A lawsuit could put a crimp in Microsoft's reported plans to implement two-factor authentication for users of its consumer cloud services.
Two-factor authentication--which supplements a user's password with a PIN or code generated by a local application or sent by a cloud provider to a user's device, typically a cell phone--has been adopted by large cloud-service providers as a means of better securing online accounts.
Now, a patent lawsuit filed by New Jersey-based StrikeForce challenges two-factor authentication technology used by PhoneFactor, a company acquired by Microsoft last October.
The lawsuit could affect the security of all users of Microsoft's consumer cloud services, such as SkyDrive and Outlook.com, as well as users of other services that use two-factor authentication, such as Google and Dropbox.
According to a statement by StrikeForce, PhoneFactor's authentication technology infringes a patent issued to StrikeForce in 2011 for "several key technologies underlying a multichannel security system for granting and denying access to a host computer in response to a demand from an access-seeking individual and computer."
StrikeForce declined to comment further to PCWorld on the lawsuit but, in a FAQon the litigation posted on its website, it claimed its ProtectID Authentication Product "offers 2-factor 'Out-of-Band' authentication across many methods and devices for cyber security protection."
"Methods that are used include, for example, receiving a call and entering a PIN number or One-Time Password (OTP) on a phone-type device," it added.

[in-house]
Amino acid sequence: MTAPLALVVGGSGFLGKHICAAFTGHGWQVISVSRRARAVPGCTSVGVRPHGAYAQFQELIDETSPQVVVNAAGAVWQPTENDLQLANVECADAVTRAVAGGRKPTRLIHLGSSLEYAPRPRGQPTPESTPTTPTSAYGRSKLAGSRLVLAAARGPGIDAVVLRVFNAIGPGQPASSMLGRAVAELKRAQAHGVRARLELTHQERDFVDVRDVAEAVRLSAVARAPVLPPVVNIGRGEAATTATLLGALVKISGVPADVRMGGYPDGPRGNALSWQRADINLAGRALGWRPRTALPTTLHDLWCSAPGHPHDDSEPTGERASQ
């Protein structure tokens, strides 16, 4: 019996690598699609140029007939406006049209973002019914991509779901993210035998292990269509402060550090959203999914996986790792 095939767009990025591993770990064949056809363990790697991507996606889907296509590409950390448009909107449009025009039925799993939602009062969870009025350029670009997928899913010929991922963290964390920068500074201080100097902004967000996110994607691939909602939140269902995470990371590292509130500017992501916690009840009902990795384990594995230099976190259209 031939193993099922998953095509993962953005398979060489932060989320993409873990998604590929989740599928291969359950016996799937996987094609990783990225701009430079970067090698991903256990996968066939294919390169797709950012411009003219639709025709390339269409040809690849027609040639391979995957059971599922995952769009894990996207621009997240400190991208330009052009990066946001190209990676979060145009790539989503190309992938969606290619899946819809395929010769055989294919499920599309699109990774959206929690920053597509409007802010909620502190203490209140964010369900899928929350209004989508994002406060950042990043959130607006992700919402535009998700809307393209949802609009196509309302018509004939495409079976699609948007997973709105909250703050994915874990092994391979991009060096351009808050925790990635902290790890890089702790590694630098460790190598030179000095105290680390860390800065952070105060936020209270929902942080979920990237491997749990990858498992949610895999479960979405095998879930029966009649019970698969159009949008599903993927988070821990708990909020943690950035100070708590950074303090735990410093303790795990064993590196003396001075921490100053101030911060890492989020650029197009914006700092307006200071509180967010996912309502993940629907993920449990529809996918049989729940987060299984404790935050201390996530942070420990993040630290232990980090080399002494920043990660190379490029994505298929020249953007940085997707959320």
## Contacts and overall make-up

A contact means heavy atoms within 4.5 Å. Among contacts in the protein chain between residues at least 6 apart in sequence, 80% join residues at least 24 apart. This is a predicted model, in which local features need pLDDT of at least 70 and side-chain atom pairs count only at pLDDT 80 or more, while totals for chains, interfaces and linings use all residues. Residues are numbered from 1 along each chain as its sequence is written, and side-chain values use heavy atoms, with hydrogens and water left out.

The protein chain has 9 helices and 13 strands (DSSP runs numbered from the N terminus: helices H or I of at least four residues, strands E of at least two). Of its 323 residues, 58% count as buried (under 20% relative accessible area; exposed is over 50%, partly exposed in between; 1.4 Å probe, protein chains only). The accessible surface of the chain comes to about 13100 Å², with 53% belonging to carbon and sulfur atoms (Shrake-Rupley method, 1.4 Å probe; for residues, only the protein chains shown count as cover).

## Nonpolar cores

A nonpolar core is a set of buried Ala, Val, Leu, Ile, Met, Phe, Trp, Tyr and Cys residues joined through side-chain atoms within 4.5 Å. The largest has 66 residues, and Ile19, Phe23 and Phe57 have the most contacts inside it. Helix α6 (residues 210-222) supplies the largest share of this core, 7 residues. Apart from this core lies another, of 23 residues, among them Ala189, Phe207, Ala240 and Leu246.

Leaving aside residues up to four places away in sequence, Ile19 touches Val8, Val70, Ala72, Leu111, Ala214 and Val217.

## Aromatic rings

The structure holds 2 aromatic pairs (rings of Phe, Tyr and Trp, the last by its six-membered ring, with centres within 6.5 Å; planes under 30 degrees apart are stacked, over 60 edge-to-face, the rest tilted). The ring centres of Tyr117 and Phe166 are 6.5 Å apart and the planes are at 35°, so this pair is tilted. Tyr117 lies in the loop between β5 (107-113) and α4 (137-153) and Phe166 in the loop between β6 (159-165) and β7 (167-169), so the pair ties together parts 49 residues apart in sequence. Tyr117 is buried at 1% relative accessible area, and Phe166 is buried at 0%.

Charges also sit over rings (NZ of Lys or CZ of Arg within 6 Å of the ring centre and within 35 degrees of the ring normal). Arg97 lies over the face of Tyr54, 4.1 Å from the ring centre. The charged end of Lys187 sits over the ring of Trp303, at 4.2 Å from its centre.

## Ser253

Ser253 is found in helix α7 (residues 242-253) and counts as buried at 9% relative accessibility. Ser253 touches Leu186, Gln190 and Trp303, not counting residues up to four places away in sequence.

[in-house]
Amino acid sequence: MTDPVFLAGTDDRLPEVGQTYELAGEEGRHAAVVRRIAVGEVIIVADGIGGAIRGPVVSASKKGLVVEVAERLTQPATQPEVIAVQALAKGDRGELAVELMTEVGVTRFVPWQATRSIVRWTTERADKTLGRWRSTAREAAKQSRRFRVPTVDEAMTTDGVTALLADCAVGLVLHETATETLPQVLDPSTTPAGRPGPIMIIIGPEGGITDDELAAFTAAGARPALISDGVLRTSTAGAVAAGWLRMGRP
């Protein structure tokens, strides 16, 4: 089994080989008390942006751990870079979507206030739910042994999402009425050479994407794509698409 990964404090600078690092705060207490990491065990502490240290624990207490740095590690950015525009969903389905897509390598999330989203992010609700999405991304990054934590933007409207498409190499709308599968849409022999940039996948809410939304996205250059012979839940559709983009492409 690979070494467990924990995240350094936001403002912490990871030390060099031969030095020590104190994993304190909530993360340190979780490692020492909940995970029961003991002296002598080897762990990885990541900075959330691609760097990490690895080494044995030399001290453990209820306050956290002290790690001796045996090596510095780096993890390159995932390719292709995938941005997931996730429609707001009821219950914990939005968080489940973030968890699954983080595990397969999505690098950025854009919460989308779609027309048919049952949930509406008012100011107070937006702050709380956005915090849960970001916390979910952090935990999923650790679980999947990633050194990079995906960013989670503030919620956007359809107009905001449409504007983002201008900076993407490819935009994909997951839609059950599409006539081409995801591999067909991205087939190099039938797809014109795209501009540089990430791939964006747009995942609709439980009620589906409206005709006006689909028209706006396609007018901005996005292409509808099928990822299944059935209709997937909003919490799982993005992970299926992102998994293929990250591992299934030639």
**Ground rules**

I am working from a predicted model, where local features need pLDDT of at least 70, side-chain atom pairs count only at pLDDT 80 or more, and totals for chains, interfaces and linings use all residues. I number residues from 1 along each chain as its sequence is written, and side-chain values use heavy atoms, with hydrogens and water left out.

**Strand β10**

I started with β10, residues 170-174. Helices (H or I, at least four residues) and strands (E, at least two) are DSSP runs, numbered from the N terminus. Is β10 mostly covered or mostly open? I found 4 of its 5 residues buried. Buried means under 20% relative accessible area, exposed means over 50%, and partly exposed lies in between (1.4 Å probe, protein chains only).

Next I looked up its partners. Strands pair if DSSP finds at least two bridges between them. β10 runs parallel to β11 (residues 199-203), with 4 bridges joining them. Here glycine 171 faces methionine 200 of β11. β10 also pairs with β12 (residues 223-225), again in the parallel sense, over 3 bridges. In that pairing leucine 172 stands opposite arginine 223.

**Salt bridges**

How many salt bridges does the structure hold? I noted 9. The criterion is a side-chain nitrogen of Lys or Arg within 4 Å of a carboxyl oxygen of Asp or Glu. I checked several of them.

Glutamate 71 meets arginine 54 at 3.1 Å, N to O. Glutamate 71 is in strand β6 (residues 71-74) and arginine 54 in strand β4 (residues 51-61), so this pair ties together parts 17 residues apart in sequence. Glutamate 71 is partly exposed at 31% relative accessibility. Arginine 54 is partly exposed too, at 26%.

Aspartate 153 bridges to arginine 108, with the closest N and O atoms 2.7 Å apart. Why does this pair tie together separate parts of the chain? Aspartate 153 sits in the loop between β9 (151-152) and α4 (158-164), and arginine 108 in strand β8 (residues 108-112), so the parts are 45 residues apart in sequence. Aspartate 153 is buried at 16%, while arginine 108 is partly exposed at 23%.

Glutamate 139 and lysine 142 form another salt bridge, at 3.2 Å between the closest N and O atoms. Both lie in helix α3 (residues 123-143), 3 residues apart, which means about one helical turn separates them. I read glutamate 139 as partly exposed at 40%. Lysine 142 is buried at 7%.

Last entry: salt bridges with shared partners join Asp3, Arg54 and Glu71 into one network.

Microsoft, in an email, declined to comment on the lawsuit.
When Microsoft purchased PhoneFactor last year, Corporate Vice President Bharat Shah observed in a statement, "The acquisition of PhoneFactor will help Microsoft bring effective and easy-to-use multifactor authentication to our cloud services and on-premises applications."
Earlier this week, it was reported that Microsoft was readying a roll out of two-factor authentication for its consumer cloud services. "Unfortunately we do not yet know the timing of the release of this new feature, but rest assured that it will be coming soon," according to LiveSide, which focuses on news and information about the Microsoft cloud.
"They're taking the technology they got from PhoneFactor, embedding it, and turning it into a part of their services which, for security-conscious users, is a good direction," Wes Miller, a research analyst with Directions on Microsoft in Kirkland, Wash. told CSO Online earlier this week.
Microsoft also declined comment on the LiveSide report. "Security and privacy is a priority for Microsoft. However, we have nothing new to share at this time," a Microsoft spokesperson said in an email.
Although StrikeForce's lawsuit is aimed at Microsoft, other companies may also find themselves in the crosshairs of patent litigation.
"StrikeForce will aggressively protect its patent," CEO Mark L. Kay said in a statement. "Therefore, we have filed today our first lawsuit designed to protect this critical StrikeForce asset, which is definitely increasing in importance with consistently troubling news about cyber-attacks and cyber thefts."
This story, "Lawsuit could put kink in Microsoft's push for cloud security" was originally published by PCWorld.